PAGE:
Deep Water is the amazing true story of the first Golden Globe non-stop round-the-world yacht race initiated by the Sunday Times newspaper in Britain in 1968. It portrays individual endeavour at its most isolated and extreme, set against a canvas of terrifying seas.
Described as one of the last century's most extraordinary stories on the high seas, it follows nine men competing to the first to sail alone and non-stop around the world. The first Golden Globe race was dubbed 'The Everest of The Seas' by Sir Francis Chichester and it sparked worldwide media attention. The competitors included the inspired amateur Chay Blyth who set off without knowing how to sail; Frenchman Bernard Moitessier who was in the lead but rather than collecting the prize, opted to continue on around the world again in order to save his soul; and Robin Knox-Johnston, a merchant seaman who professed to have entered simply because he did not want a Frenchman to win.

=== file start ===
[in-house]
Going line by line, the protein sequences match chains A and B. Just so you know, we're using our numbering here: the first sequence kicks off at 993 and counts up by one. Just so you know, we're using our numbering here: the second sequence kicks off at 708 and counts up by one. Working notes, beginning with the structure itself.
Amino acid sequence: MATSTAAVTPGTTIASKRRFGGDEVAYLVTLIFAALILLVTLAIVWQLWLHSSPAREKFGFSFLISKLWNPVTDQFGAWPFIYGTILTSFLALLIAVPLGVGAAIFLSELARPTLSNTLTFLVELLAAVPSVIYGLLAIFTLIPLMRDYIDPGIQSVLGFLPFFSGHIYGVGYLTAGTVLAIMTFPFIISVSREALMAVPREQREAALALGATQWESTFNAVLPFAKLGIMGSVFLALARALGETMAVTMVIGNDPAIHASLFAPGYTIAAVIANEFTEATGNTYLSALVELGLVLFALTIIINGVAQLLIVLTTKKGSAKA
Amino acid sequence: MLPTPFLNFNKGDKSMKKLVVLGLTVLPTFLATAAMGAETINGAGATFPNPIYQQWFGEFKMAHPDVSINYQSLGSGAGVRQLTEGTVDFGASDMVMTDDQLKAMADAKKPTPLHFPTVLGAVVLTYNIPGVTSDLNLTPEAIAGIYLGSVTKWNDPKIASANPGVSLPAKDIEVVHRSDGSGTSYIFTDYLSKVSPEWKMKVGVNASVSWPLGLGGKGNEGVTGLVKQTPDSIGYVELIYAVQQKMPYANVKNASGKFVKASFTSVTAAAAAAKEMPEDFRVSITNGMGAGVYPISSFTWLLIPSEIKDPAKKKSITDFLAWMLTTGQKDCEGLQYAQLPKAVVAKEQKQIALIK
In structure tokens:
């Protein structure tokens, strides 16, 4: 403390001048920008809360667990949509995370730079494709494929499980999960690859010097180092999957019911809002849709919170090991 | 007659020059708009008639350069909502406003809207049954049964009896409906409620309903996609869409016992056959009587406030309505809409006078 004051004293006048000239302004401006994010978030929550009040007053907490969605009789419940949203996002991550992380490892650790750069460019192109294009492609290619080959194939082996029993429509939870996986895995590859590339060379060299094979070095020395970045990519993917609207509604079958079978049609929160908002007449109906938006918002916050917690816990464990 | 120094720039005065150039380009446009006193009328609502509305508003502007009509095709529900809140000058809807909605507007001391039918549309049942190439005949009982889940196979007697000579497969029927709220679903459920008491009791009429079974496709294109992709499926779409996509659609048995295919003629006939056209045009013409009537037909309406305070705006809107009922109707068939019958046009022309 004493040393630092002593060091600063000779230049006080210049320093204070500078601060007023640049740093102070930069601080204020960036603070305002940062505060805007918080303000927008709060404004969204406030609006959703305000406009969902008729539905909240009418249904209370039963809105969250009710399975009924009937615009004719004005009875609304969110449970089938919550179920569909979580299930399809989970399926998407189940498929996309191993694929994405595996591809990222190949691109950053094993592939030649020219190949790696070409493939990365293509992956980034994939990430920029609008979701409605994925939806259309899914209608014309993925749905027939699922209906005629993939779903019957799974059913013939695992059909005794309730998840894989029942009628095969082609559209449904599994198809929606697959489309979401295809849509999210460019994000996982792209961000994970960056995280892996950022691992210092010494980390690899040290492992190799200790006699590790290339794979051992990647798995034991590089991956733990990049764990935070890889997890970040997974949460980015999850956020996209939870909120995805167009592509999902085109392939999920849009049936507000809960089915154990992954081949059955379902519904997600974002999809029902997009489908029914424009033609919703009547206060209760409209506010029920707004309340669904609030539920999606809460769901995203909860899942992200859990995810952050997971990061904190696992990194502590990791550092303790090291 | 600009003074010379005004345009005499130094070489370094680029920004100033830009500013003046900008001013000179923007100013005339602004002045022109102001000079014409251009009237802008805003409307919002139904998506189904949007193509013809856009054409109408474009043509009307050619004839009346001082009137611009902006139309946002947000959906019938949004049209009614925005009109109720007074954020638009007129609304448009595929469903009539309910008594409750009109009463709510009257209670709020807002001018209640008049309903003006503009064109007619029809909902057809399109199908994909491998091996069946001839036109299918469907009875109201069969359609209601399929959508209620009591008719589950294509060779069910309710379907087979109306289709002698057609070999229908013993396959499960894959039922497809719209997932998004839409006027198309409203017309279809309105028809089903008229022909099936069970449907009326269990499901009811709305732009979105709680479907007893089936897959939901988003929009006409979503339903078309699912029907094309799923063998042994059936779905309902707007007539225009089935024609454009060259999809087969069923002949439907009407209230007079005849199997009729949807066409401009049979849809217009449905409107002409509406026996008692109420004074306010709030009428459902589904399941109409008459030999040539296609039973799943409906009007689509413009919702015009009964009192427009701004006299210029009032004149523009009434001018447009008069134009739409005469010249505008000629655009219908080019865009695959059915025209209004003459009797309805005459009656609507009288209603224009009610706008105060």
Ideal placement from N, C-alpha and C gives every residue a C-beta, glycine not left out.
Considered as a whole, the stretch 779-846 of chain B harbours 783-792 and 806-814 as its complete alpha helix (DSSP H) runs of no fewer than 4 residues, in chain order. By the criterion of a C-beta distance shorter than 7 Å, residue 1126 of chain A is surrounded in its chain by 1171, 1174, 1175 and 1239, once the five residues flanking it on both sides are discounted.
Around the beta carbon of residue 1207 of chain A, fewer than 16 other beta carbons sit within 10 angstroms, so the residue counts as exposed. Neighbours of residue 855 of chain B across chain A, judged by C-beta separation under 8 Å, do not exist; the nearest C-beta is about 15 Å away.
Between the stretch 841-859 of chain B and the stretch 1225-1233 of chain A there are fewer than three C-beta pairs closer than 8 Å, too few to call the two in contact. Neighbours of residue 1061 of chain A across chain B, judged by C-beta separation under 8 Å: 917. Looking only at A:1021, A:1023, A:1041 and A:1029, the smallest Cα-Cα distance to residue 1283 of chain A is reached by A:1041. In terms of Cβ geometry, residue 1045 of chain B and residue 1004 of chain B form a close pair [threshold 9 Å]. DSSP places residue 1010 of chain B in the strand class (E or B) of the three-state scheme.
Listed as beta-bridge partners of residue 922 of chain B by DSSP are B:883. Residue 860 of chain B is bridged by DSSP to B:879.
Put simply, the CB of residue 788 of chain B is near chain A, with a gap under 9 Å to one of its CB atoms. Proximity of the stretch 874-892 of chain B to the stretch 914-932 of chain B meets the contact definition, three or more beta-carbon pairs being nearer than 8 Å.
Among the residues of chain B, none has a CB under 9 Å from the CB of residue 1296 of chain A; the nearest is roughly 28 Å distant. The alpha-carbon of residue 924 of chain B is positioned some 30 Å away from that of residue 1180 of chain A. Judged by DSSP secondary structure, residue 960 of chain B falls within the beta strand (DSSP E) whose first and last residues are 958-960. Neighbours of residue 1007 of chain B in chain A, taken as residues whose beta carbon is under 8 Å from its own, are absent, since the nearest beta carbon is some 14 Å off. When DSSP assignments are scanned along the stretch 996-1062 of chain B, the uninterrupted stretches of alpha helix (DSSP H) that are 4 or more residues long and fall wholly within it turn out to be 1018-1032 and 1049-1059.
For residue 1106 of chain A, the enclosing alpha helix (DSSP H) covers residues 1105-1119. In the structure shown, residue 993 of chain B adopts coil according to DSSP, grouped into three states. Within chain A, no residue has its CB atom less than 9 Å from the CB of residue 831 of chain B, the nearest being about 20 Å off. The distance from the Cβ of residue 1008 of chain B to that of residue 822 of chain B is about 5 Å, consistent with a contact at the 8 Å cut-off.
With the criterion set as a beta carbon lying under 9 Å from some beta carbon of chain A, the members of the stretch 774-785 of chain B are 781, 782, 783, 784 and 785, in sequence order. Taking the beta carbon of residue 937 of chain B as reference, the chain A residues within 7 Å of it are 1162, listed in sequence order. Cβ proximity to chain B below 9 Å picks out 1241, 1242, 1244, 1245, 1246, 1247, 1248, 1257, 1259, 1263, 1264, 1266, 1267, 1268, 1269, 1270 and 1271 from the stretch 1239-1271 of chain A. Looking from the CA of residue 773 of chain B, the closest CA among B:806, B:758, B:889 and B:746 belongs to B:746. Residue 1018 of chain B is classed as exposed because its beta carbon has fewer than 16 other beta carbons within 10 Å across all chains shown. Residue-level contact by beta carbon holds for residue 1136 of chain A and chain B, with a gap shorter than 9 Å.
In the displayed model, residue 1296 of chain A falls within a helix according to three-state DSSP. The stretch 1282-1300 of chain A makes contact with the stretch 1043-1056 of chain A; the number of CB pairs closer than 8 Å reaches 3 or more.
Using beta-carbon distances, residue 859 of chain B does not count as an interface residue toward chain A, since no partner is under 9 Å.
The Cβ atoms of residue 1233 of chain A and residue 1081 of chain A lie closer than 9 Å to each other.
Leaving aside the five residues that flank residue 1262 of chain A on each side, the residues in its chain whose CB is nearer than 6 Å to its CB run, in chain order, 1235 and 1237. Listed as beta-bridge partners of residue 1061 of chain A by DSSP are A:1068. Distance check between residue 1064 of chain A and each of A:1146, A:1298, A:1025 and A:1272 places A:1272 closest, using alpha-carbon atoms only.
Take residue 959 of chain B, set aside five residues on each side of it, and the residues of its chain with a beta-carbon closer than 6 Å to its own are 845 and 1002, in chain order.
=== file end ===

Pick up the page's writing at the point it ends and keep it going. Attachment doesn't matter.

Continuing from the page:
As the single-handers wrestled their boats through the mountainous waves of the Southern Ocean, as Bill King capsized and Nigel Tetley's trimaran shattered beneath him, Donald Crowhurst, an electronics engineer from Devon, became a national hero when it appeared that his revolutionary boat was going to carry him home at record-breaking speed. Two weeks later, his abandoned craft was found floating in the middle of the Atlantic, and it was discovered he was keeping a fraudulent track of his global voyage for more than eight months, before slipping into a state of schizophrenic paranoia.